As we make the quick pivot from this past weekend’s South Carolina primary to the first (and biggest) multi-state contest in the Democratic nominating process, there are already tea leaves to be read regarding Democratic intensity and enthusiasm.
14 states hold primaries tomorrow, along with caucuses in American Samoa. But in reality, most of these elections started days, if not weeks ago. As of today, more than 6.7 million votes have been cast across these Super Tuesday states. It’s worth noting here that not all of those votes were cast in the Democratic primary. Some states report which party’s ballot a voter completed, while others do not. At this point we can say at least 2.89 million early votes have so far been cast in the Democratic Primary across the Super Tuesday states. That’s almost 3 times the total votes cast across Iowa, New Hampshire, Nevada, and South Carolina combined.
While there will be many more votes cast on Election Day, it’s important to keep in mind that the results in these Super Tuesday contests will be lagging indicators, of a sort, in that such a large share of the votes cast will have been cast before the South Carolina primary took place, as well as before Pete Buttigieg, Amy Klobuchar, and Tom Steyer withdrew from the race.
So if we put these early votes under the microscope, what can we learn? Last week I noted that we were seeing a large share of these early votes coming from voters who didn’t cast a ballot in the 2016 general election.
Your random election data stat of the day: 1,946,222 people have already cast a ballot in the Super Tuesday Democratic primary. 249,248 of those voters didn't vote in the 2016 presidential election.— Tom Bonier (@tbonier) February 29, 2020
That caught my eye, given that primary voters historically tend to be more “regular” voters – with extensive history of voting in past elections. So seeing a large group of lower propensity voters struck me as worth further exploration. What’s more, these early, non-2016 voters were more likely (by about 11 points) to be a person of color than the overall universe of early Super Tuesday voters, suggesting a surge in intensity among these key voters (remember that turnout among people of color lagged in 2016, especially among younger black men).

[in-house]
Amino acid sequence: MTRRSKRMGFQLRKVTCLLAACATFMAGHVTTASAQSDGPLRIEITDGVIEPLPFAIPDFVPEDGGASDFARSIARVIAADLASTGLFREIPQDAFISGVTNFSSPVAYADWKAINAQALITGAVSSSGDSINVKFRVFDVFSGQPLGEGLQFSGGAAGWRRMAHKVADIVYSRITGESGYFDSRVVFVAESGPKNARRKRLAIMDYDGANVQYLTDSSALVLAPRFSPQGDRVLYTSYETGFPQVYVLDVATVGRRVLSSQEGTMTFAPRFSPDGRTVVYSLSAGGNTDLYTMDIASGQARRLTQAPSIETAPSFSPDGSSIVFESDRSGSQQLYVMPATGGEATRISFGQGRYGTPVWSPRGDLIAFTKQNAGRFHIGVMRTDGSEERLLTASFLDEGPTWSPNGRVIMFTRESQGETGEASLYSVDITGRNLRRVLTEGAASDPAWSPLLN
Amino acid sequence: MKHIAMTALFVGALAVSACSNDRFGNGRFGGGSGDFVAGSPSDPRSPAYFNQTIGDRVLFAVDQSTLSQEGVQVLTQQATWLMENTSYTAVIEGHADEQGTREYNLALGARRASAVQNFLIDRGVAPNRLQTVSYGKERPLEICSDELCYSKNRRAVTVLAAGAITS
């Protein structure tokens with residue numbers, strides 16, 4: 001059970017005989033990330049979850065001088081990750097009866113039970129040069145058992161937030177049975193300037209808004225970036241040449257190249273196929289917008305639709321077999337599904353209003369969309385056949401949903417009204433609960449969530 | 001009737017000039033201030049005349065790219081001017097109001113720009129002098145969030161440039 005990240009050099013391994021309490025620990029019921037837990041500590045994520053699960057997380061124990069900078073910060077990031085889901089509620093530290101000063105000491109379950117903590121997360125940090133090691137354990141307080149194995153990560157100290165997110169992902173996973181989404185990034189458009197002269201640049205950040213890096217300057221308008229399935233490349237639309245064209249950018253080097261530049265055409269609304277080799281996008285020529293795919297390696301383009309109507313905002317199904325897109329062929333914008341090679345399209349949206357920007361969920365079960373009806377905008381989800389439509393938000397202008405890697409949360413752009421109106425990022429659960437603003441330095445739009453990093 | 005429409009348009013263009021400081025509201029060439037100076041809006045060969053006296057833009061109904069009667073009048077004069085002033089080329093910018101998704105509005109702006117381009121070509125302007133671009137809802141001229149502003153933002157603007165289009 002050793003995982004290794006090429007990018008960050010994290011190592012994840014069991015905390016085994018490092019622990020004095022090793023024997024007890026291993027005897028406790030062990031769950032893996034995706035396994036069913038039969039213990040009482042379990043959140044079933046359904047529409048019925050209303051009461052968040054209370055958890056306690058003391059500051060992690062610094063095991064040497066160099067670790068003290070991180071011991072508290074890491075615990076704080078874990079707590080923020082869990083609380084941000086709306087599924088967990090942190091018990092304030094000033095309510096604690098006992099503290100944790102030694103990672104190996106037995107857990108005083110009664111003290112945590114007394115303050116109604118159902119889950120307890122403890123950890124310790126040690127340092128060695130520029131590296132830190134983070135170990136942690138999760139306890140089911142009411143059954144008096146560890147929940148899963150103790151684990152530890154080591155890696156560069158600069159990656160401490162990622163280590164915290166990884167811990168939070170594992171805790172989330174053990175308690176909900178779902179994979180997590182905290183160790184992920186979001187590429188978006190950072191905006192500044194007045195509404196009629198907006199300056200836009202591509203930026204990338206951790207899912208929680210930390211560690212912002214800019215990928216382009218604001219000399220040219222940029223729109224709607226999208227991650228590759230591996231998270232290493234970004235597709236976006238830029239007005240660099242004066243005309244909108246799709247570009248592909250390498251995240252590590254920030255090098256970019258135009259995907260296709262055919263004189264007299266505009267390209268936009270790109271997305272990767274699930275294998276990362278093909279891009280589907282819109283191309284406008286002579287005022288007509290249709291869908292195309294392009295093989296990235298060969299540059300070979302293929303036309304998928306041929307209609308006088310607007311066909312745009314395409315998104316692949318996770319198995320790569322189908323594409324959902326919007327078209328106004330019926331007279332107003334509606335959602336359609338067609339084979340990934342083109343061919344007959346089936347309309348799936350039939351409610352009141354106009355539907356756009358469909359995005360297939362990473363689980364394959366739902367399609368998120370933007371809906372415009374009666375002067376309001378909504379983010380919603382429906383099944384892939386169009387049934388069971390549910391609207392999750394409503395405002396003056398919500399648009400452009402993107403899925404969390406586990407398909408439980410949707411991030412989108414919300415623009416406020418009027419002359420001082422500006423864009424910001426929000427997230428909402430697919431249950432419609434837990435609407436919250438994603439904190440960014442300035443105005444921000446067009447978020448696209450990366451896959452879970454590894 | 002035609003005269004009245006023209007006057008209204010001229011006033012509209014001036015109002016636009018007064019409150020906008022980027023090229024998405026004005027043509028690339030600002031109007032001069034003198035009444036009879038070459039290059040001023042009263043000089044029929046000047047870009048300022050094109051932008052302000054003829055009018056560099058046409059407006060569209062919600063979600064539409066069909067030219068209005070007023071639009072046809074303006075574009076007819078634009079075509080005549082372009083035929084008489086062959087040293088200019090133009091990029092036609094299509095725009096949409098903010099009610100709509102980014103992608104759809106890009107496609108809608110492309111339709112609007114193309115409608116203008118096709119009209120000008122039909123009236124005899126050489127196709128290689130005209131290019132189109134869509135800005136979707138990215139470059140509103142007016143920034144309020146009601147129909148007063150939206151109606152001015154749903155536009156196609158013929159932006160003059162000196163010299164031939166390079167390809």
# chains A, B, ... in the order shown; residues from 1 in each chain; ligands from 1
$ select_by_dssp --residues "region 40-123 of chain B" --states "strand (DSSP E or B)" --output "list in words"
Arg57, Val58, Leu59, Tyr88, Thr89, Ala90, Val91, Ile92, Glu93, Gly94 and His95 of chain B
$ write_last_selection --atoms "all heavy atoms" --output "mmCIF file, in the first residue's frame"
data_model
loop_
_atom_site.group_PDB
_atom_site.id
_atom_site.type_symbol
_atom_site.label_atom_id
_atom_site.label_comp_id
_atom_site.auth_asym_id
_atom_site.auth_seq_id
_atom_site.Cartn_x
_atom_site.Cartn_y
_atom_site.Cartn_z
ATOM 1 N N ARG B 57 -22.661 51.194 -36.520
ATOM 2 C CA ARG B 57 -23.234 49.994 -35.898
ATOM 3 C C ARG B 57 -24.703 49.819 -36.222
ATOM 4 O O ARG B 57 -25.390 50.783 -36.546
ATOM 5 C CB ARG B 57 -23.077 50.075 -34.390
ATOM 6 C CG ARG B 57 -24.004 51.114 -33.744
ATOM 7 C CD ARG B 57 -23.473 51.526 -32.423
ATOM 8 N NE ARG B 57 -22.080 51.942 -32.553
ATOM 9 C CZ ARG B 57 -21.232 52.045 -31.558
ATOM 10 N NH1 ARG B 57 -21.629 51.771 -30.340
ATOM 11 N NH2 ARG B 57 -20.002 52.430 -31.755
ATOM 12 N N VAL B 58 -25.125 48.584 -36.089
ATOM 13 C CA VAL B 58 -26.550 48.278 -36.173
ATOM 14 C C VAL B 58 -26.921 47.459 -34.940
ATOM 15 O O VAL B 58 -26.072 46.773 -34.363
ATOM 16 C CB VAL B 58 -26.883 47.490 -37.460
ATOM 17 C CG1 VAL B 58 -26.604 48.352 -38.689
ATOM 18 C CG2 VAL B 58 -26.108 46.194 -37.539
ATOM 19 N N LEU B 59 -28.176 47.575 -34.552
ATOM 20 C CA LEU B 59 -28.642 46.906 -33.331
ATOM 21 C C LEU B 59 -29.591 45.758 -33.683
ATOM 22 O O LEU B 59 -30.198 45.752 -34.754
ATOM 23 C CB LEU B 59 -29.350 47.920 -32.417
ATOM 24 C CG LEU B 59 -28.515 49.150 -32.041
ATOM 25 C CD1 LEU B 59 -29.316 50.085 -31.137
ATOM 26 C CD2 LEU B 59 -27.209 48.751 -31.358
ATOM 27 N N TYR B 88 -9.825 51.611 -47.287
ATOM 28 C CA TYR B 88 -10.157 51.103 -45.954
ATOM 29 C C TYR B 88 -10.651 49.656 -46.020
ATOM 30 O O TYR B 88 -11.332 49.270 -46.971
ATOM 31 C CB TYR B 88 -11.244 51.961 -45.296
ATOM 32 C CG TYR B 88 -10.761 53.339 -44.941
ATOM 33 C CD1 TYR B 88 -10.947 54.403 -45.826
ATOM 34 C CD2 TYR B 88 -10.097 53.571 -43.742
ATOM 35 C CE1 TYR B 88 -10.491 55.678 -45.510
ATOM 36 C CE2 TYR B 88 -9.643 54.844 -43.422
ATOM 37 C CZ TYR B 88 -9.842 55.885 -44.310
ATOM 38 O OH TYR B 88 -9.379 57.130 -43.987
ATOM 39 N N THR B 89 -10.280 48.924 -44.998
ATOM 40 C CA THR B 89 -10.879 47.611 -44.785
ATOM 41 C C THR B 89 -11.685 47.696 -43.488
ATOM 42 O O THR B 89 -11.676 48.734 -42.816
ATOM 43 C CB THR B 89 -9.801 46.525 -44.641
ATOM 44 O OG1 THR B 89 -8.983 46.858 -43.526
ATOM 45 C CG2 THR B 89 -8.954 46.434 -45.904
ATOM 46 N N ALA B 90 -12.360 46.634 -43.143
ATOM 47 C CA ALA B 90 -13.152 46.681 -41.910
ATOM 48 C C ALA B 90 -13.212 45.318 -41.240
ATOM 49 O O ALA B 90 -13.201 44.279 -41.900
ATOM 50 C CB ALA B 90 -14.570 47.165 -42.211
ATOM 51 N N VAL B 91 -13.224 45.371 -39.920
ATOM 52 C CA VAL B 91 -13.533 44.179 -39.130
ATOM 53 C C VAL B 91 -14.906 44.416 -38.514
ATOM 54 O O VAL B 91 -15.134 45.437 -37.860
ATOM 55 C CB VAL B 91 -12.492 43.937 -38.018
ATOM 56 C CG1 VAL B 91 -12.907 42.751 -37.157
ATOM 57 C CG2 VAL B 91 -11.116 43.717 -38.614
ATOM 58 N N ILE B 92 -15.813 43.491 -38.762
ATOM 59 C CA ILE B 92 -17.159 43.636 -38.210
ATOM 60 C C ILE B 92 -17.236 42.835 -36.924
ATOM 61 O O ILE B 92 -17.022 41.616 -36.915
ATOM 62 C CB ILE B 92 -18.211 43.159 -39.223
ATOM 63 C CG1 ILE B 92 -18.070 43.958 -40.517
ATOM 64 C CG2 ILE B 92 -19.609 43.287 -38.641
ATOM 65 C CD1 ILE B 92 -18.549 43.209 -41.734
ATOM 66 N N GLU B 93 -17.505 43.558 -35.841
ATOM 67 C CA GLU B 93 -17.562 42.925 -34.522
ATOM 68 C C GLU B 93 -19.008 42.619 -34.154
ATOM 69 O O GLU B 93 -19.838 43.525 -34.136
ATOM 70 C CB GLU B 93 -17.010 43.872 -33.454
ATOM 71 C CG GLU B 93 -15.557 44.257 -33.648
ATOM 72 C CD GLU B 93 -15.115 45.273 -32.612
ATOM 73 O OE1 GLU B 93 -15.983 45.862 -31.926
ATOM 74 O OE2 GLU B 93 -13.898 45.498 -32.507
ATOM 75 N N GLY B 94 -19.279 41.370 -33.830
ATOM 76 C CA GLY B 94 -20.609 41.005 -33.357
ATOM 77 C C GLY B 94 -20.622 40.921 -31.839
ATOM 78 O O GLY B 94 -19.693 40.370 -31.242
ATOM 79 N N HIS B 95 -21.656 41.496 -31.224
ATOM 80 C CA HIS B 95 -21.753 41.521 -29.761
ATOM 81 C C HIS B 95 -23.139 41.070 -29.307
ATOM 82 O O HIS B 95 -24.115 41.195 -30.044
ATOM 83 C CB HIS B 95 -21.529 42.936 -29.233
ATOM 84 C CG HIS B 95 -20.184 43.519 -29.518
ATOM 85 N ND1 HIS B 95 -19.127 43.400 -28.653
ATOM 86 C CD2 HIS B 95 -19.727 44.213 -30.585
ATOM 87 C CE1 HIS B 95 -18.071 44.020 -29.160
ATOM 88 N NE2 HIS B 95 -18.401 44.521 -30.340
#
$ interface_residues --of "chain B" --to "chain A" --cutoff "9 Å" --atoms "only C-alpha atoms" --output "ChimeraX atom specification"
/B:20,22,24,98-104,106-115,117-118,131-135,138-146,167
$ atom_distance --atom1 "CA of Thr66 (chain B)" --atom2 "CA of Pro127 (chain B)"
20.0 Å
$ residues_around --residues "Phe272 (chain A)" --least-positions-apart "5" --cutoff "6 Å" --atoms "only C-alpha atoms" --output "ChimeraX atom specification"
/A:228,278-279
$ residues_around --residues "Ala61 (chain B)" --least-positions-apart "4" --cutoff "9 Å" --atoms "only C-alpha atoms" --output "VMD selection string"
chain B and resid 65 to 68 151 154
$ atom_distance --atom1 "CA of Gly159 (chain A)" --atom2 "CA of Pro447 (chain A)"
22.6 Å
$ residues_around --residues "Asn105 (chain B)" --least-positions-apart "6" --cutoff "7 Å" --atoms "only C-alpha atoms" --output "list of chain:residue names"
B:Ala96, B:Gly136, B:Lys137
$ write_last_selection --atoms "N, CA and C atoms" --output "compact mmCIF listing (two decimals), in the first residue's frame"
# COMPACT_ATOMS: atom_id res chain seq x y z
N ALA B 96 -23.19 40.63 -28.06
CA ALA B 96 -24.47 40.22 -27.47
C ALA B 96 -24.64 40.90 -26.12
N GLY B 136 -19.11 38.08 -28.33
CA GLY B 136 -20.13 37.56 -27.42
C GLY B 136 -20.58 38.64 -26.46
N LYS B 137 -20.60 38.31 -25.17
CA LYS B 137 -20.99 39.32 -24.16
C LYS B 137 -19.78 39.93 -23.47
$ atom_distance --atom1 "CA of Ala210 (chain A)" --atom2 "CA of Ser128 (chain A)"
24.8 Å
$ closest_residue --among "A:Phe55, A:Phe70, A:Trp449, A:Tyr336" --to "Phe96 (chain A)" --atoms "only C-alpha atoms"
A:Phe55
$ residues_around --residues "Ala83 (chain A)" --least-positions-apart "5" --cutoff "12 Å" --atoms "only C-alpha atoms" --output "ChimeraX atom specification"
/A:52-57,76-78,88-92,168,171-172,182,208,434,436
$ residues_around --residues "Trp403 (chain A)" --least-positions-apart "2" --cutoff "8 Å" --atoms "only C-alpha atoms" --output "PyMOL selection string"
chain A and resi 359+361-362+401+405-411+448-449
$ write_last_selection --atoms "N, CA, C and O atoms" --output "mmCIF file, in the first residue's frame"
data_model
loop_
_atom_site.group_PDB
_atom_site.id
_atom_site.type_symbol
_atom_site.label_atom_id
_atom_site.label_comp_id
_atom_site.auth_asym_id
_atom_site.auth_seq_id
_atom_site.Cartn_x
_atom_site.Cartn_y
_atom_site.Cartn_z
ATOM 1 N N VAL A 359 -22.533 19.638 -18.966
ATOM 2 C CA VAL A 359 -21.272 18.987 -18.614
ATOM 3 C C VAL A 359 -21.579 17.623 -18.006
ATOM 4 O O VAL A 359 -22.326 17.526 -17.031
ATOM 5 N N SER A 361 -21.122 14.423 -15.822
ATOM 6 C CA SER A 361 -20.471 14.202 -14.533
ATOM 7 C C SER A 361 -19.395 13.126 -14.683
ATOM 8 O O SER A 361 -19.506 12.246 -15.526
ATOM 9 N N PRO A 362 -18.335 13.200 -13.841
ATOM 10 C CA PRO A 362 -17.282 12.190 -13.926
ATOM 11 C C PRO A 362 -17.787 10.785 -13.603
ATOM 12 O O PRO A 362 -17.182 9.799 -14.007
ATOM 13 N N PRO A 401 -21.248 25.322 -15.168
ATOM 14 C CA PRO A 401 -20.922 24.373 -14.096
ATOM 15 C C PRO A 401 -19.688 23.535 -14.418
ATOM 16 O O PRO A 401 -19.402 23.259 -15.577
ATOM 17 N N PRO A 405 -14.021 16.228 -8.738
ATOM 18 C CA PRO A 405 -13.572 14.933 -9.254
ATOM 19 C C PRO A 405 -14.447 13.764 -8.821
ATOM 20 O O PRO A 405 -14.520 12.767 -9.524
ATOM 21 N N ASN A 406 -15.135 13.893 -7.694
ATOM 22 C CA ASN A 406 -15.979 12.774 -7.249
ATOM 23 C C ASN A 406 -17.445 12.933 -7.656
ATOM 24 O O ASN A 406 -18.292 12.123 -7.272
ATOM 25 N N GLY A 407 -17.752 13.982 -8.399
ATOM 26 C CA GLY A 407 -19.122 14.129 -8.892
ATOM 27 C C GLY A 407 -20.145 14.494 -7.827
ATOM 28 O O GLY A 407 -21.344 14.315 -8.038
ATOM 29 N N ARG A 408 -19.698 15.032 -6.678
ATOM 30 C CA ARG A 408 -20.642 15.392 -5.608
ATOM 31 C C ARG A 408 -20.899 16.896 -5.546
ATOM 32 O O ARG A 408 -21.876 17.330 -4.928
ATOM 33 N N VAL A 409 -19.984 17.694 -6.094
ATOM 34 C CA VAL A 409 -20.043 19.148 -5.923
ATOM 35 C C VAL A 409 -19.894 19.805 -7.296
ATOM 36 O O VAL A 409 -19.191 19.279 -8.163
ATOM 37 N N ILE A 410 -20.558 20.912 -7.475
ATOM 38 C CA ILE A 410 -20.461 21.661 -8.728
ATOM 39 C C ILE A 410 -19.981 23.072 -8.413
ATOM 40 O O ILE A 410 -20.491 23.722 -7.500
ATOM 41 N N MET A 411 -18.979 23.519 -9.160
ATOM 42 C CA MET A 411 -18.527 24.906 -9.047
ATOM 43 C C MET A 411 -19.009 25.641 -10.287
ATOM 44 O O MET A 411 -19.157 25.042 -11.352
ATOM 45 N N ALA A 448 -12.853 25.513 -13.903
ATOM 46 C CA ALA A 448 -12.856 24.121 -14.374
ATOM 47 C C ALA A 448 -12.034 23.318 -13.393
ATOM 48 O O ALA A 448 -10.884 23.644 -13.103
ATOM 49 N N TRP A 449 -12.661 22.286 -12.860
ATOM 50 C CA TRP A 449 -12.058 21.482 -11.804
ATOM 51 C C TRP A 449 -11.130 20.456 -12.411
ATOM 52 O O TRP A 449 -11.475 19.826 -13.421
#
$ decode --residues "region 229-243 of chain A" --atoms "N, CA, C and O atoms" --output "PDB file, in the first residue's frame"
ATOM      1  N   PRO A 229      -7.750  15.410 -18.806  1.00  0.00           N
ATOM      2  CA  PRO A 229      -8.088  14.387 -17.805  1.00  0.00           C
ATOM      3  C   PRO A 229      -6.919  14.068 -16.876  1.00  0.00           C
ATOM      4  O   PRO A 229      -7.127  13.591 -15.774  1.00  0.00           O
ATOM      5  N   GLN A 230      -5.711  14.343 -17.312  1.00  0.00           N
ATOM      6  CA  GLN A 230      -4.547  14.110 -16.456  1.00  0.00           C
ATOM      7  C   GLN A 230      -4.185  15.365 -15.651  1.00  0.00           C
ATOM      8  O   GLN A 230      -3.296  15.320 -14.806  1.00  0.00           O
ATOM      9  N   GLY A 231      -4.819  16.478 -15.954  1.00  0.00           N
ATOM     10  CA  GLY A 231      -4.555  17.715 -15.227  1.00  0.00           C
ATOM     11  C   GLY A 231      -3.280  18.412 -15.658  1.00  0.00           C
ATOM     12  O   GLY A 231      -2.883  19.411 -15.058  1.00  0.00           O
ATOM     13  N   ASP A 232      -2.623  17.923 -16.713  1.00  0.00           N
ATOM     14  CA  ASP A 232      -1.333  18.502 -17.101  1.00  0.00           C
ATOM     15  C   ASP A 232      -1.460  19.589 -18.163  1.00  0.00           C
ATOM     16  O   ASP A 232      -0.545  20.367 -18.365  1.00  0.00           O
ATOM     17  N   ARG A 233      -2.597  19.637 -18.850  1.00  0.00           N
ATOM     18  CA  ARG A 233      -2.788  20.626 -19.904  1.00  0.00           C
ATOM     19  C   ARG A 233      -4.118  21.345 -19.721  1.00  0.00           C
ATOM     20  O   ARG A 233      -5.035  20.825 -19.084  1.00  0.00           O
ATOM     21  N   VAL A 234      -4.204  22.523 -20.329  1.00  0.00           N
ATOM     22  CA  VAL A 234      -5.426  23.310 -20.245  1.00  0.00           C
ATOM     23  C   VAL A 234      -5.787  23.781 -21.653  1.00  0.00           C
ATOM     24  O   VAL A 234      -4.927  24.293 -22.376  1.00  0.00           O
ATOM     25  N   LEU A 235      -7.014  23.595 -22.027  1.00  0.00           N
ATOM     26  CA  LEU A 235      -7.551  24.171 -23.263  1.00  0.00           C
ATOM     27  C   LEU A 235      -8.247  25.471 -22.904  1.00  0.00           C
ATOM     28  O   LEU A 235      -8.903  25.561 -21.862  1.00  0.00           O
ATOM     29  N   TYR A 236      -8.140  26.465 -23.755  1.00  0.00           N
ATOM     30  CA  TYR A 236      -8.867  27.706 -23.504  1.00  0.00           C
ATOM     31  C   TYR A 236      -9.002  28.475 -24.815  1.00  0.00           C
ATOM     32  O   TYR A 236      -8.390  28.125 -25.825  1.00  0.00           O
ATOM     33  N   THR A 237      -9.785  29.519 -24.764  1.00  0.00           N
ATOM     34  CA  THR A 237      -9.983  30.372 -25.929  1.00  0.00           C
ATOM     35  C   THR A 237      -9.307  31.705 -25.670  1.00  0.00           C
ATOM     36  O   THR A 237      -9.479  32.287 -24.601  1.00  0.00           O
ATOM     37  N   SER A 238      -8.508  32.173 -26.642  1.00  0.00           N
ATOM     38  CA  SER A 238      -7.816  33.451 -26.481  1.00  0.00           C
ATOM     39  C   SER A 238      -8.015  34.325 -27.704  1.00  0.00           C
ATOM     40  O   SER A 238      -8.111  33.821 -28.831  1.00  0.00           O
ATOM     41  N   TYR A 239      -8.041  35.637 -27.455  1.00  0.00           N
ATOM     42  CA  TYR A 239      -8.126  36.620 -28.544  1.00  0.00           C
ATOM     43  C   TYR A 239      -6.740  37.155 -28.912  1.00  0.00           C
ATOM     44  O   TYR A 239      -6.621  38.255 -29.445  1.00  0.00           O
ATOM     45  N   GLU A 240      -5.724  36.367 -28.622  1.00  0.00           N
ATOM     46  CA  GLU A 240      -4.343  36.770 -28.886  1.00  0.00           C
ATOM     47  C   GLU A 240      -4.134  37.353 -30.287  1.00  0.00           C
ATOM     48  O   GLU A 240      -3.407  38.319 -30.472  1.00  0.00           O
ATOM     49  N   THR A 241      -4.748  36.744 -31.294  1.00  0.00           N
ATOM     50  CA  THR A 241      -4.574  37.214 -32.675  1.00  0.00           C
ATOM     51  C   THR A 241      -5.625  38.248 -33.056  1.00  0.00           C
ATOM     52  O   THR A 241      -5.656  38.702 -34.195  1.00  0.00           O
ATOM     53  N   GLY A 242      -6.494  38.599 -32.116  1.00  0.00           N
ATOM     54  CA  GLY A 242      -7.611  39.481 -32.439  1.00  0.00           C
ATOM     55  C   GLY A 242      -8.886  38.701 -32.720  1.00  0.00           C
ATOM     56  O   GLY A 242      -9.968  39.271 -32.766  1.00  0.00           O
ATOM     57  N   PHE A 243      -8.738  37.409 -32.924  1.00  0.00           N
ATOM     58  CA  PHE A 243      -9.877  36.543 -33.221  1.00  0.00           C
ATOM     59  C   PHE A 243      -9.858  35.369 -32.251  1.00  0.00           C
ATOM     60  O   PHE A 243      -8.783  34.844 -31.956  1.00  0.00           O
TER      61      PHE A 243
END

So let’s update those stats – we’ve collected about 1 million additional early ballots since this tweet, totaling 2.89 million Super Tuesday early ballots in the Democratic primary. Of those votes, 12.6% (or 361,601 votes) came from people who didn’t vote in the 2016 general election. The biggest surge of these new voters is coming from Colorado (15.5% of all Dem early votes), California (14.8%), and Texas (13%). Of these 3, I’m most impressed by Texas, given that it’s a state that has far less of a culture of early voting than California (where most votes are cast early) and Colorado (which votes entirely by mail).
This leads us to an interesting question: who are these newer voters who are engaged enough in this Democratic primary to cast an early vote? I heard from a lot of people in response to my tweet last week asking if this was just younger voters who weren’t eligible to vote in the 2016 election.
Let’s look at an age breakdown of the 361,601 Super Tuesday surge voters:
So we’re seeing these surge voters clearly skewing younger, with 23.1% under the age of 25, but that doesn’t tell the whole story. 36.4% are over the age of 50, suggesting we are also seeing engagement from people who simply stayed home in 2016.
Looking at the race/ethnicity of these Super Tuesday surge voters is fascinating – 44% of those early voters who did not vote in 2016 are people of color. Compare that to 33.8% of those early voters who did vote in 2016. This suggests we are seeing increased intensity among Democratic people of color.
At the state level, again, I’m seeing the most interesting trends in Texas. Among the early voters who cast a ballot in 2016, only 39.7% are people of color. But when we look at those Super Tuesday surge voters in Texas, a majority of them are people of color: 51.9%!
I’ll be watching the results tomorrow night, along with most of you, I imagine. If I see anything interesting, I’ll be sure to tweet about it, and we’ll be sharing a more in-depth analysis of turnout as we continue to collect the vote history for these primary elections.
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